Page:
Robotic systems in orthopaedic surgery.

Journal Article (Journal Article)

Robots have been used in surgery since the late 1980s. Orthopaedic surgery began to incorporate robotic technology in 1992, with the introduction of ROBODOC, for the planning and performance of total hip replacement. The use of robotic systems has subsequently increased, with promising short-term radiological outcomes when compared with traditional orthopaedic procedures. Robotic systems can be classified into two categories: autonomous and haptic (or surgeon-guided). Passive surgery systems, which represent a third type of technology, have also been adopted recently by orthopaedic surgeons. While autonomous systems have fallen out of favour, tactile systems with technological improvements have become widely used. Specifically, the use of tactile and passive robotic systems in unicompartmental knee replacement (UKR) has addressed some of the historical mechanisms of failure of non-robotic UKR. These systems assist with increasing the accuracy of the alignment of the components and produce more consistent ligament balance. Short-term improvements in clinical and radiological outcomes have increased the popularity of robot-assisted UKR. Robot-assisted orthopaedic surgery has the potential for improving surgical outcomes. We discuss the different types of robotic systems available for use in orthopaedics and consider the indication, contraindications and limitations of these technologies.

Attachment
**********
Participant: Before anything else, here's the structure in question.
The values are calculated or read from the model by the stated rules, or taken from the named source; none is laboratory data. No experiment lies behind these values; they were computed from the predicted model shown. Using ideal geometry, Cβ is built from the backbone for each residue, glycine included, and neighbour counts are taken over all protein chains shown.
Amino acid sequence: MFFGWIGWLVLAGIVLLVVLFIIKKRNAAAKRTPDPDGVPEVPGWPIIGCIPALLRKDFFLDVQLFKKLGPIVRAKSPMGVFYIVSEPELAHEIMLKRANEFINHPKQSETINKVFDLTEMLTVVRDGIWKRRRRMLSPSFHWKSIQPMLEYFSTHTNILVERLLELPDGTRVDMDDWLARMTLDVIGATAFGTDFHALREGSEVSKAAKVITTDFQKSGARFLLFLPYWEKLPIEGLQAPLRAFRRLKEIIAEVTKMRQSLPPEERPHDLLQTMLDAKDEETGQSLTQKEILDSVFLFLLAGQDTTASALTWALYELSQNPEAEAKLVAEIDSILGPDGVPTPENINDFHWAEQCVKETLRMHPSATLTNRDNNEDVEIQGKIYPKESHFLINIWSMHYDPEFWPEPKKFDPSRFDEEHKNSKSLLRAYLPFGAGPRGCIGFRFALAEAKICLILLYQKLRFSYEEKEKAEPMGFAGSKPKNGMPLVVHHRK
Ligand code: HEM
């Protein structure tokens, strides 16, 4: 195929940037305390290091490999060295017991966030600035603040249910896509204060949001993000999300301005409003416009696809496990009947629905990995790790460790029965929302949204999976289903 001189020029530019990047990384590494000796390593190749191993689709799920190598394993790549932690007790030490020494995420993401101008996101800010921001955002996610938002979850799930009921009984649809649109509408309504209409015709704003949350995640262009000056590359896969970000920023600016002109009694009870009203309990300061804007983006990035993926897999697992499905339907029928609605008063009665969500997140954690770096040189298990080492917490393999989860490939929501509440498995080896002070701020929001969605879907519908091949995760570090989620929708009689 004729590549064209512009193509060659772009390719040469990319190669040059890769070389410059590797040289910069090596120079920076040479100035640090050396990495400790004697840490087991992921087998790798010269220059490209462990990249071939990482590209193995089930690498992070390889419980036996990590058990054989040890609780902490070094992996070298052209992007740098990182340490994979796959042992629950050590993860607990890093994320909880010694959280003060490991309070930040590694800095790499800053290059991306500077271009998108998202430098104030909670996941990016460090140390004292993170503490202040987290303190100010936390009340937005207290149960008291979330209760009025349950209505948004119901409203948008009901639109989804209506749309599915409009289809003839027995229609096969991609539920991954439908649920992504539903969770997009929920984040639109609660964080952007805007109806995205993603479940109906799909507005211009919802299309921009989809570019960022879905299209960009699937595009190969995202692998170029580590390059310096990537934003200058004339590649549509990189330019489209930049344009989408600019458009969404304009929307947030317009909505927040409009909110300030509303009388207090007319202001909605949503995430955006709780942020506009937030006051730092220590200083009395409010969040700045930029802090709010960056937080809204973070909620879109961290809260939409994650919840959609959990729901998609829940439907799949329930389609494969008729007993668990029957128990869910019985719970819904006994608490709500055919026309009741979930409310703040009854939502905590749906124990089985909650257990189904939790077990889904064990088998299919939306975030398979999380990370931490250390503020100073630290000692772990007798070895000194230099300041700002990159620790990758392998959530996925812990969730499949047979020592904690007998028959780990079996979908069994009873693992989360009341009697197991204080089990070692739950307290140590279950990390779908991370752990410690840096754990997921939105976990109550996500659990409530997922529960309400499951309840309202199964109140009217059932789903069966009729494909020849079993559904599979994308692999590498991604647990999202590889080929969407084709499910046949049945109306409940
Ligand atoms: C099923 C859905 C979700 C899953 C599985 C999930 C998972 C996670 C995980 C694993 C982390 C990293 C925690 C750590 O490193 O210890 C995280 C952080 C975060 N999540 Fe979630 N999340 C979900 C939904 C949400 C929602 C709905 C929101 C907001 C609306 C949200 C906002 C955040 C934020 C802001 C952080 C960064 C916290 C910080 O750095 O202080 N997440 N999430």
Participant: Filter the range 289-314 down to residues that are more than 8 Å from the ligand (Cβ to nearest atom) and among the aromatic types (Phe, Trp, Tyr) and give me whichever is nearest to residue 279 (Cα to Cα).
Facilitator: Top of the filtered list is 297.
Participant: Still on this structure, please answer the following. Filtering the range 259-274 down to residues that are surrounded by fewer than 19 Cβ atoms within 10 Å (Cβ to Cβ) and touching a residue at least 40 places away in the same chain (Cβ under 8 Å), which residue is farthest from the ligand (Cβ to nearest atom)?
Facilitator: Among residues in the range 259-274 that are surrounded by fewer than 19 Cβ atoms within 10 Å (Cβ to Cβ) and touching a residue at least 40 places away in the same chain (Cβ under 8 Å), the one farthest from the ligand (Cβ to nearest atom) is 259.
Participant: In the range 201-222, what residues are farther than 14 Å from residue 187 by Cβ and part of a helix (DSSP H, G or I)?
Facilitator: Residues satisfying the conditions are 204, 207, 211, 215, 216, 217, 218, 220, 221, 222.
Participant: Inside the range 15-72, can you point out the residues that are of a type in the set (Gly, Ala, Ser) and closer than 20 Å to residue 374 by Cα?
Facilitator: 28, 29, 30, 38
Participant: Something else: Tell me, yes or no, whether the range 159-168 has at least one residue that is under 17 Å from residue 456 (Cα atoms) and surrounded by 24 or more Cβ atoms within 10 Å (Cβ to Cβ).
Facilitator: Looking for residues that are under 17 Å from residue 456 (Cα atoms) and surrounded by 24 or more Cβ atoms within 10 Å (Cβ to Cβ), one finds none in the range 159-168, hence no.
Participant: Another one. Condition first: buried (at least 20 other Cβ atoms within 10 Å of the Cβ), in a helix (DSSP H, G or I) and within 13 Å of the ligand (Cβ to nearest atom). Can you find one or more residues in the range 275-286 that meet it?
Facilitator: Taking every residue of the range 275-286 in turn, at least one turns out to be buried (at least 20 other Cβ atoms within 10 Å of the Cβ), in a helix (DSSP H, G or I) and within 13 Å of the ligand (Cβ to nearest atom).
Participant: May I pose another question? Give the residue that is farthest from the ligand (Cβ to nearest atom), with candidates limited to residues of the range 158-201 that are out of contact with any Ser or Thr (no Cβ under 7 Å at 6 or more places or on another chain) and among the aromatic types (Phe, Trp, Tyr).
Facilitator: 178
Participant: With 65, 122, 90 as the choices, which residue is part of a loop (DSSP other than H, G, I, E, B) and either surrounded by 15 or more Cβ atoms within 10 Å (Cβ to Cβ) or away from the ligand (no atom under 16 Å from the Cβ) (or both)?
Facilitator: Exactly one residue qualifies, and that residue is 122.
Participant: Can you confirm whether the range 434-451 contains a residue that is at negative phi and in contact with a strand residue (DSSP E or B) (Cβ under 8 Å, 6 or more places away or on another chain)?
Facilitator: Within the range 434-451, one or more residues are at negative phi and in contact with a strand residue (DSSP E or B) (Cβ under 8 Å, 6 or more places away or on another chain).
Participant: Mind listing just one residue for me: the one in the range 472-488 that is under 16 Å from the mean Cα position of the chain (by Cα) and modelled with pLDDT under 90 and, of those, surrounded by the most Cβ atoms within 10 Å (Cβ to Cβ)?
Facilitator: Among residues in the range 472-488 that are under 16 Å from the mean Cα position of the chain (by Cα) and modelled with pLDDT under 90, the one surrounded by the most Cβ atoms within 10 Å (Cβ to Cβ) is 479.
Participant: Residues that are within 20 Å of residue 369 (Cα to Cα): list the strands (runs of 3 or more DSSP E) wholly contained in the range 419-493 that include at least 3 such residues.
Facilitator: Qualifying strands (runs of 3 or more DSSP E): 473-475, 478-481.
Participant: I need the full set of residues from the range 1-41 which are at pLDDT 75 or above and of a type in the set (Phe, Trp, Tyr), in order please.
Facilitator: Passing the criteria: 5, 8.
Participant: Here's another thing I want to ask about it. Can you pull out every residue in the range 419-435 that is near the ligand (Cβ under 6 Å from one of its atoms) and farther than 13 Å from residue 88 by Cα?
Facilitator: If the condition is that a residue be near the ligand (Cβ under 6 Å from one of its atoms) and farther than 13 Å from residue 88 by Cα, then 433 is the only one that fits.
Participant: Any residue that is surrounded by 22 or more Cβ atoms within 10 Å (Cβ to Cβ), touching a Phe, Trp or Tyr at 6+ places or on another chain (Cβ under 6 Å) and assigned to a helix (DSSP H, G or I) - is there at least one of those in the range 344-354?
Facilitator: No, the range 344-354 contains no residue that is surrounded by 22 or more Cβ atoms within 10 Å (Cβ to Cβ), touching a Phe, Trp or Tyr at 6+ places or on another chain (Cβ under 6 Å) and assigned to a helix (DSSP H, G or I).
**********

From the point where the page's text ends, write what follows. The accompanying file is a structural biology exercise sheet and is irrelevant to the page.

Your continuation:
Full Text

Duke Authors

Cited Authors

  • Lang, JE; Mannava, S; Floyd, AJ; Goddard, MS; Smith, BP; Mofidi, A; Seyler, TM; Jinnah, RH

Published Date

  • October 2011

Published In

Volume / Issue

  • 93 / 10

Start / End Page

  • 1296 - 1299

PubMed ID

  • 21969424

Electronic International Standard Serial Number (EISSN)

  • 2044-5377

Digital Object Identifier (DOI)

  • 10.1302/0301-620X.93B10.27418


  • eng

Conference Location

  • England